There was some good news last week, but unfortunately not for world stock markets. European and US markets experienced losses of around 4% to 5%, with China and Japan keeping losses to below 2%. More evidence in the markets of Scrooge than Santa Claus.
The continued slide in oil prices, and the imminent decision on interest rates in the US, kept the markets nervous. Hints from the Chinese Central Bank that it may weaken the link between the Renminbi and the US dollar added to the uncertainty.
One of the sources of investor unease may soon be gone. The two-day meeting of the great and the good in America’s Federal Reserve system starts today, with the decision on rates due tomorrow. We will finally know if US interest rates are going to be increased this year or not, the first increase in nearly a decade. There should also be clues about the probable path for rates next year.
Most analysts are still predicting a rise in rates, although the behaviour of stock and commodity prices will have given policymakers some pause for thought.
Last week interest rates were also on the agenda closer to home. As expected, the Bank of England’s Monetary Policy Committee (MPC) kept the Bank Rate and stocks of purchased assets unchanged, at 0.5% and £375bn respectively. The recent drop in oil prices means that the inflation outlook is now lower than previously estimated, implying that the Bank can be more patient about raising rates. After the MPC meeting in November it was clear that the strength of sterling had become a concern, so the first increase in UK rates has probably been pushed further into 2016. Also last week, the Irish economy surprised analysts on the upside, with strong evidence of growth.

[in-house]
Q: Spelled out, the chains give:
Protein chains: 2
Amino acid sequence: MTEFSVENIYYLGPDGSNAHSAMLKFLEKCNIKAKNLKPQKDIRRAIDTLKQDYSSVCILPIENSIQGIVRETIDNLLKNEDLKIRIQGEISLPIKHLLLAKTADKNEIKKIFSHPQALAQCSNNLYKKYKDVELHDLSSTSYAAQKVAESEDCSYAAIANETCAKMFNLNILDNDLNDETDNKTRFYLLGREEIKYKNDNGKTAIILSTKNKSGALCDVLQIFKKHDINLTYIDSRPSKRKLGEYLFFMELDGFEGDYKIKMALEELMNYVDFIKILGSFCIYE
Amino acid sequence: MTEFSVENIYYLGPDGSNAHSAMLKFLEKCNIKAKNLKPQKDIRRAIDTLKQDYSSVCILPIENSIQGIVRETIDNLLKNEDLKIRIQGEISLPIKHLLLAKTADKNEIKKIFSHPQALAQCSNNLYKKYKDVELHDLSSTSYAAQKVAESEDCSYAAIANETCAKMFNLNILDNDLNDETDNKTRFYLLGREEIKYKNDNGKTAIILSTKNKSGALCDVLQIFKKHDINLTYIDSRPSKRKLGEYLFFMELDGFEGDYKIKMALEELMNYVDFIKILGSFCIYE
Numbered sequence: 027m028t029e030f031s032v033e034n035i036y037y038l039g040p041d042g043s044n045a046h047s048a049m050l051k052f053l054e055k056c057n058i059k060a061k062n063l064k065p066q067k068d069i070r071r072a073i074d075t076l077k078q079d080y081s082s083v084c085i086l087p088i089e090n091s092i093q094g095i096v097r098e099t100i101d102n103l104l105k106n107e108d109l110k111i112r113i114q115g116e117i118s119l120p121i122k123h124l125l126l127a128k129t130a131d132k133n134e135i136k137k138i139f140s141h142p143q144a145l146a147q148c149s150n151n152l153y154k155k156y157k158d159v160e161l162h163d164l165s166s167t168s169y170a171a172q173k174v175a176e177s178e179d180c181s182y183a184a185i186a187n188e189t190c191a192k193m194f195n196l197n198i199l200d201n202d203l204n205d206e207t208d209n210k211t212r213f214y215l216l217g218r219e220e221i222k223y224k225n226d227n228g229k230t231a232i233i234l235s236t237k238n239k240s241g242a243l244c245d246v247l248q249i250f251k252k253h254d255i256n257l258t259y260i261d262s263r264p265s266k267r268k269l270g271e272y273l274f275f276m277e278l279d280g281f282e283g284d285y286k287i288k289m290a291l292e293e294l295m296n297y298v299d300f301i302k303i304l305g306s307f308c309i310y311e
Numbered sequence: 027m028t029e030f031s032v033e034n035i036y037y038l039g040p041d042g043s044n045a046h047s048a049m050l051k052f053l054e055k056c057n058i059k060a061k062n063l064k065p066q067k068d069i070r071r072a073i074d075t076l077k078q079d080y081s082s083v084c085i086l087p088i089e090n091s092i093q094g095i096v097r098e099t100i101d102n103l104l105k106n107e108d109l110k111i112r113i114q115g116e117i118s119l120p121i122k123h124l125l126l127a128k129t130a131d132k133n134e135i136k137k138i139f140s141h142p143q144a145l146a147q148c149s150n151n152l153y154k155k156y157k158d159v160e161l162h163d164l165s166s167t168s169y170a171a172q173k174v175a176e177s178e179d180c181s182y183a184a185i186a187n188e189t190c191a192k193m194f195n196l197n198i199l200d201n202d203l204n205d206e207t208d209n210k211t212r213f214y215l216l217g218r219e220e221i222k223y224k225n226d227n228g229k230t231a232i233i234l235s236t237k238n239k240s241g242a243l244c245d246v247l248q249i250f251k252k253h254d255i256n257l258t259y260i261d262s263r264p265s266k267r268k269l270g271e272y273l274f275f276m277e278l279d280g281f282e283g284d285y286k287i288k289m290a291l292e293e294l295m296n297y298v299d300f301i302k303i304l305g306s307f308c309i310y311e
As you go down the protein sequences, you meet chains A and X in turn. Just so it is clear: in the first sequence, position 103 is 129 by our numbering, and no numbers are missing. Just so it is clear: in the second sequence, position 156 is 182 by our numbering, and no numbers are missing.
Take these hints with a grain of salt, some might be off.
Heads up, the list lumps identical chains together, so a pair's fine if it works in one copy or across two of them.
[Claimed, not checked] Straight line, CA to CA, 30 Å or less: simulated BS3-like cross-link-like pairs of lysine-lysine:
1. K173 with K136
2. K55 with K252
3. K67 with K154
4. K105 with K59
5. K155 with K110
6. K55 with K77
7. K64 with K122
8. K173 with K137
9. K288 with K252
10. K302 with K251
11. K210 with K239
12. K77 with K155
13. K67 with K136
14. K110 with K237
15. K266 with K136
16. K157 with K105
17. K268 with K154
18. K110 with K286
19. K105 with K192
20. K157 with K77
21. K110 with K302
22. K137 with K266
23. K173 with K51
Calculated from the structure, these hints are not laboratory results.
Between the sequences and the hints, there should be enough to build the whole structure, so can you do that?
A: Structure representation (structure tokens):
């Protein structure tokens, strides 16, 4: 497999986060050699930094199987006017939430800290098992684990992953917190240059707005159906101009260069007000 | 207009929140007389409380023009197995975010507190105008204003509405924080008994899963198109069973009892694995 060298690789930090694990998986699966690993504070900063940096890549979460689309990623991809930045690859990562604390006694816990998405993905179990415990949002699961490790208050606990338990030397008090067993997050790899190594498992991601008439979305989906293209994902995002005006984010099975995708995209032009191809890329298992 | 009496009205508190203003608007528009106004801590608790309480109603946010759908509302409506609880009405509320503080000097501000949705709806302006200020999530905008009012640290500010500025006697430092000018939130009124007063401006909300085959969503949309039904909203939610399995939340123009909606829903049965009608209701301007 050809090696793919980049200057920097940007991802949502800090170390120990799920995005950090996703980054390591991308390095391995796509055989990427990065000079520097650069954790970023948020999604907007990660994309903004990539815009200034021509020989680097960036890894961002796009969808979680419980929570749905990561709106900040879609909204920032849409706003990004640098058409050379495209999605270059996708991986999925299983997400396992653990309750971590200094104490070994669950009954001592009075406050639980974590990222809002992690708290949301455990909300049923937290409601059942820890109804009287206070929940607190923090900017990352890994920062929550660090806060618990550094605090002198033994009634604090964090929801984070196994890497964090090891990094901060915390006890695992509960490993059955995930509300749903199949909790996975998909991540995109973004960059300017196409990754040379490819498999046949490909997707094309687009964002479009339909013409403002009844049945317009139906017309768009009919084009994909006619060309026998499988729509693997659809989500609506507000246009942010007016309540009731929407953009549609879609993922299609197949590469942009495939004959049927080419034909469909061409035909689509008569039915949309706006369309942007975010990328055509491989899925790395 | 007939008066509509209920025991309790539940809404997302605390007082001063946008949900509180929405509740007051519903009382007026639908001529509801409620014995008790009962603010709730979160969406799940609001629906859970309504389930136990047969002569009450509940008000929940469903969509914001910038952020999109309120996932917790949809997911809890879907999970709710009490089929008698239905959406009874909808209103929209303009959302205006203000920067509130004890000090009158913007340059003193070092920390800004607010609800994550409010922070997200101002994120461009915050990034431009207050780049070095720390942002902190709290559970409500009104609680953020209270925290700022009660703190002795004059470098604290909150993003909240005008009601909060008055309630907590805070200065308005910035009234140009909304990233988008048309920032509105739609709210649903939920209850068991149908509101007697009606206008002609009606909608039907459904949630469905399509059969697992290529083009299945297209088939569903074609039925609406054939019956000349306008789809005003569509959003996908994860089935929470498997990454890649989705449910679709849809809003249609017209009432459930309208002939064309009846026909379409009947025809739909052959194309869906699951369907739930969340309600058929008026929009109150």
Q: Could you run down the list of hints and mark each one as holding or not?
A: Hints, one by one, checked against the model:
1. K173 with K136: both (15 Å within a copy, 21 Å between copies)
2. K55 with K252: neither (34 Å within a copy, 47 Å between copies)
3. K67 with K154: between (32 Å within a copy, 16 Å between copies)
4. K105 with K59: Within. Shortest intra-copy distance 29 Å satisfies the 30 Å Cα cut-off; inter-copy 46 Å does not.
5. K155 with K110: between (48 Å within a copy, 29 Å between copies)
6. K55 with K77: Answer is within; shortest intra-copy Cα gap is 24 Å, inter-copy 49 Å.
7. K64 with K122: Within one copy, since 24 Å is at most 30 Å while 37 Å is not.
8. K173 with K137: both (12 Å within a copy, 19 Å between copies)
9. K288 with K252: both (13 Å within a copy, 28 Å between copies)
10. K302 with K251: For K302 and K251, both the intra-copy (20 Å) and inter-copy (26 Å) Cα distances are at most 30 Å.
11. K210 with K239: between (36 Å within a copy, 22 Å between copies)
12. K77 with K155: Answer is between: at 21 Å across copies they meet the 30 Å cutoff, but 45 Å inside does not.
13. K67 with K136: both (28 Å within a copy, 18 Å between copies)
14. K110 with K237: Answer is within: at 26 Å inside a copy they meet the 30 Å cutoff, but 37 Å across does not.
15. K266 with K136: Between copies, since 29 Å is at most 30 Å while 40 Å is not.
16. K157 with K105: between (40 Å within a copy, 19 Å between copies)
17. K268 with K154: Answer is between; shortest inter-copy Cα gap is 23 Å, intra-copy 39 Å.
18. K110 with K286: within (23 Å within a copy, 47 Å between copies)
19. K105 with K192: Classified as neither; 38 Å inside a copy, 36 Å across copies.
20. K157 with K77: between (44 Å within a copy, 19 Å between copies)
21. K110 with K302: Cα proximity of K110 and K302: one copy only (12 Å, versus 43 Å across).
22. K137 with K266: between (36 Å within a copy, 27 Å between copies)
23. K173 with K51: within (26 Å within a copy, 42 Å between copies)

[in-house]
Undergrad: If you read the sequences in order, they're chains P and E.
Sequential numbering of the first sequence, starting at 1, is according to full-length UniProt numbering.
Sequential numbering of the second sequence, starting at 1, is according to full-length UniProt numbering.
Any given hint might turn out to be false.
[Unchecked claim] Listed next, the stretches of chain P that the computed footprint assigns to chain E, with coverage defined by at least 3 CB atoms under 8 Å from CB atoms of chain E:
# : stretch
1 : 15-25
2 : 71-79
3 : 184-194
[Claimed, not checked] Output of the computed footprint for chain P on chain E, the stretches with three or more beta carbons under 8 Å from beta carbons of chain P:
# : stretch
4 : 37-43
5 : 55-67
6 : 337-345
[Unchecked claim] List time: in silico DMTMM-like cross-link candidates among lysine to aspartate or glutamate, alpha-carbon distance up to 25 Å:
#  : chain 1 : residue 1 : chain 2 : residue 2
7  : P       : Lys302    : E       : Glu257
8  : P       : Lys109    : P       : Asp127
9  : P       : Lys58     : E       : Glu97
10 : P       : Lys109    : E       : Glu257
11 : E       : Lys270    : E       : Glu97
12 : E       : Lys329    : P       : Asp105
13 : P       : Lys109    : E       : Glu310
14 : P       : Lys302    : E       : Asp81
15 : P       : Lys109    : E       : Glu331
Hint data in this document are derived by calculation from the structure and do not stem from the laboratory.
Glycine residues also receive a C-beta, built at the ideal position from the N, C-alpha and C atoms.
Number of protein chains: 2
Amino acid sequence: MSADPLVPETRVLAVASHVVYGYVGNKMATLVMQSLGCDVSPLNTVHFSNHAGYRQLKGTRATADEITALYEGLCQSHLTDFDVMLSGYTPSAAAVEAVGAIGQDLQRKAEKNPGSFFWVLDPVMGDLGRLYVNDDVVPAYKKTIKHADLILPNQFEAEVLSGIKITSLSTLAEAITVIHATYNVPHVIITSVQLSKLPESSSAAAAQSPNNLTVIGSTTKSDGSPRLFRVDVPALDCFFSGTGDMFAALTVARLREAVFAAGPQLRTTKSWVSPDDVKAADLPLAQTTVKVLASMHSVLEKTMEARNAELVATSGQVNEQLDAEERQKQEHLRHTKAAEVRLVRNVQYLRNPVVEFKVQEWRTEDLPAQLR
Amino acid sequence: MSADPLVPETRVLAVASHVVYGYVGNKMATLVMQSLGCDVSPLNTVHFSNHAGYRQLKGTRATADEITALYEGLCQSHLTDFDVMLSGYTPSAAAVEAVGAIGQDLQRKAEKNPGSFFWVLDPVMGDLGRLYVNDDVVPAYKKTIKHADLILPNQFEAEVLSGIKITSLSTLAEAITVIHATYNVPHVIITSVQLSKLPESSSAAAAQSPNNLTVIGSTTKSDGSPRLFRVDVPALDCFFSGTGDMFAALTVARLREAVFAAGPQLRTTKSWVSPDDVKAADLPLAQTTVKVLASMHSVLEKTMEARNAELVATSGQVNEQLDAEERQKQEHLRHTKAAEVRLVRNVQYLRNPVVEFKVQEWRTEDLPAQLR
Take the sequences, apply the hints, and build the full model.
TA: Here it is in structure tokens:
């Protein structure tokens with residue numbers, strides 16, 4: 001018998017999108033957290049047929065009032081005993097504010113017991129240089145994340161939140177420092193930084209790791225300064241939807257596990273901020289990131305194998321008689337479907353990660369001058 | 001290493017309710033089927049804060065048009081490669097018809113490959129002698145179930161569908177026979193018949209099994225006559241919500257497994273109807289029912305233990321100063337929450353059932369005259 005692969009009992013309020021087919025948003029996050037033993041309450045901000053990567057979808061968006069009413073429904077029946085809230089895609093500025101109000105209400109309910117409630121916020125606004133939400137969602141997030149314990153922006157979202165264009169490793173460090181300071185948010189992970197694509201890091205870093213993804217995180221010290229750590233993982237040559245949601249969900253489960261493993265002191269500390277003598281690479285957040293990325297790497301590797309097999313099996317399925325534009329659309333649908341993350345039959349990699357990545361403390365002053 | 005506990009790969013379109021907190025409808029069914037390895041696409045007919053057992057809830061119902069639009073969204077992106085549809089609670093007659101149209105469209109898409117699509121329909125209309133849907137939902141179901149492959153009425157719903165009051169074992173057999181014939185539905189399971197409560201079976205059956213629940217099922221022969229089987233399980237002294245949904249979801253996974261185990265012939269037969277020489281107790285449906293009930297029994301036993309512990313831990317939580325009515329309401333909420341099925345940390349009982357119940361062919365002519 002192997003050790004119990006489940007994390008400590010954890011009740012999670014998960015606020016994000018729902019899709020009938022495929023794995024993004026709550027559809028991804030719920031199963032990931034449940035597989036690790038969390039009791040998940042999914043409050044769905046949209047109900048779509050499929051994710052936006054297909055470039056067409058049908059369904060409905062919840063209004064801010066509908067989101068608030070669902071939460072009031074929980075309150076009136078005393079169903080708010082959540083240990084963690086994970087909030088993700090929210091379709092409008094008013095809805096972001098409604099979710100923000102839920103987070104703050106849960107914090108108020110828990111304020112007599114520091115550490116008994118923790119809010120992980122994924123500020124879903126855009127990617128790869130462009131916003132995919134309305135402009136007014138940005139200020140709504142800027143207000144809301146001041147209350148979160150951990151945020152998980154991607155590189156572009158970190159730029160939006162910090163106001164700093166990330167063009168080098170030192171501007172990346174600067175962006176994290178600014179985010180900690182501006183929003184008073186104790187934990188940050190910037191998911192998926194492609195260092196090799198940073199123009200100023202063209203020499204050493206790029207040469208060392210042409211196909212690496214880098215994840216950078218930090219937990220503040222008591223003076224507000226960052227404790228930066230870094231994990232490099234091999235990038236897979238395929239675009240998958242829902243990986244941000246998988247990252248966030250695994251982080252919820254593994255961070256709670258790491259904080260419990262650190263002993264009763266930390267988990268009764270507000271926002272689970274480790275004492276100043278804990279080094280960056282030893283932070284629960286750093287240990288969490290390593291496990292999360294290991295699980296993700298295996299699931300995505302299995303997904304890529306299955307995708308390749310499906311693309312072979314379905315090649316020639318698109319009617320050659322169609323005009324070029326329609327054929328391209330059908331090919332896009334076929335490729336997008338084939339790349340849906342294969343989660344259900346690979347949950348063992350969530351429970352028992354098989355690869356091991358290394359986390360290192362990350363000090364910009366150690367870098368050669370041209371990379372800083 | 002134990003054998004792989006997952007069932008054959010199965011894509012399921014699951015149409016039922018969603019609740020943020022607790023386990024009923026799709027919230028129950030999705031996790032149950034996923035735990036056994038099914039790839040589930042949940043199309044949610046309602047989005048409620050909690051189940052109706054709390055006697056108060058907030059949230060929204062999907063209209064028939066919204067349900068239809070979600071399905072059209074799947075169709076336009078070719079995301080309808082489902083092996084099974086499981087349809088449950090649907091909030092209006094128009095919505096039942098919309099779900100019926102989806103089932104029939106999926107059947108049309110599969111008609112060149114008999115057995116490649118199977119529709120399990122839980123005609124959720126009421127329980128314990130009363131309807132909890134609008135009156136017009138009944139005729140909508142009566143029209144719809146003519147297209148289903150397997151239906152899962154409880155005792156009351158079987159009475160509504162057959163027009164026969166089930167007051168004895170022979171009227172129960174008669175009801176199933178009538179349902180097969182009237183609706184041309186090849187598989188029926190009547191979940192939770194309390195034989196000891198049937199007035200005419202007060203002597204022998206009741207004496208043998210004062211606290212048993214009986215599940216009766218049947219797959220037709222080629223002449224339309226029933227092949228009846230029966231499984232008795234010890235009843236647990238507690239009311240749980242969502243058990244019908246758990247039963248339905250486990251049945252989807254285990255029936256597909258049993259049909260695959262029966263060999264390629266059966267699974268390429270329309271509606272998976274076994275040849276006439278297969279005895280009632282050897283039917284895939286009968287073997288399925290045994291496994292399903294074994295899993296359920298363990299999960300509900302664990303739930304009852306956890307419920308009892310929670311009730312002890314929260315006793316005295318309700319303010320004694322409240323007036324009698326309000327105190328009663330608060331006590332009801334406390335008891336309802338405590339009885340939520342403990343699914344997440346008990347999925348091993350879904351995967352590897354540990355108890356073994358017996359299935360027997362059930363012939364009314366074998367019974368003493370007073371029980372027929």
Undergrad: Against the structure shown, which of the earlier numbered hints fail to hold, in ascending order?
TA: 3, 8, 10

The third quarter results brought the average year to date GDP growth rate to 7%. This has presented export opportunities to a number of Northern Ireland businesses. Looking towards next year, the European Commission is once again forecasting that Irish growth will be the highest among European countries. If this materialises, it will be for the third year in a row, continuing to point to a healthy market on our doorstep.
What would also help is a favourable realignment between sterling and the euro and the cautious Bank of England stance on interest rates may yet work to the advantage of local exporters.
The potentially good news, at a global level, came from the Paris Climate Change Conference. If present and future governments actually implement the agreement, economic growth should become more balanced and sustainable without ‘costing the earth’.
As we approach Christmas, maybe we should reflect on the need to moderate our own economic expectations, in the interests of a more equitable division of global wealth. Perhaps we can also begin to look further afield, for long term investment opportunities, to reflect the probable changes in the world economic order.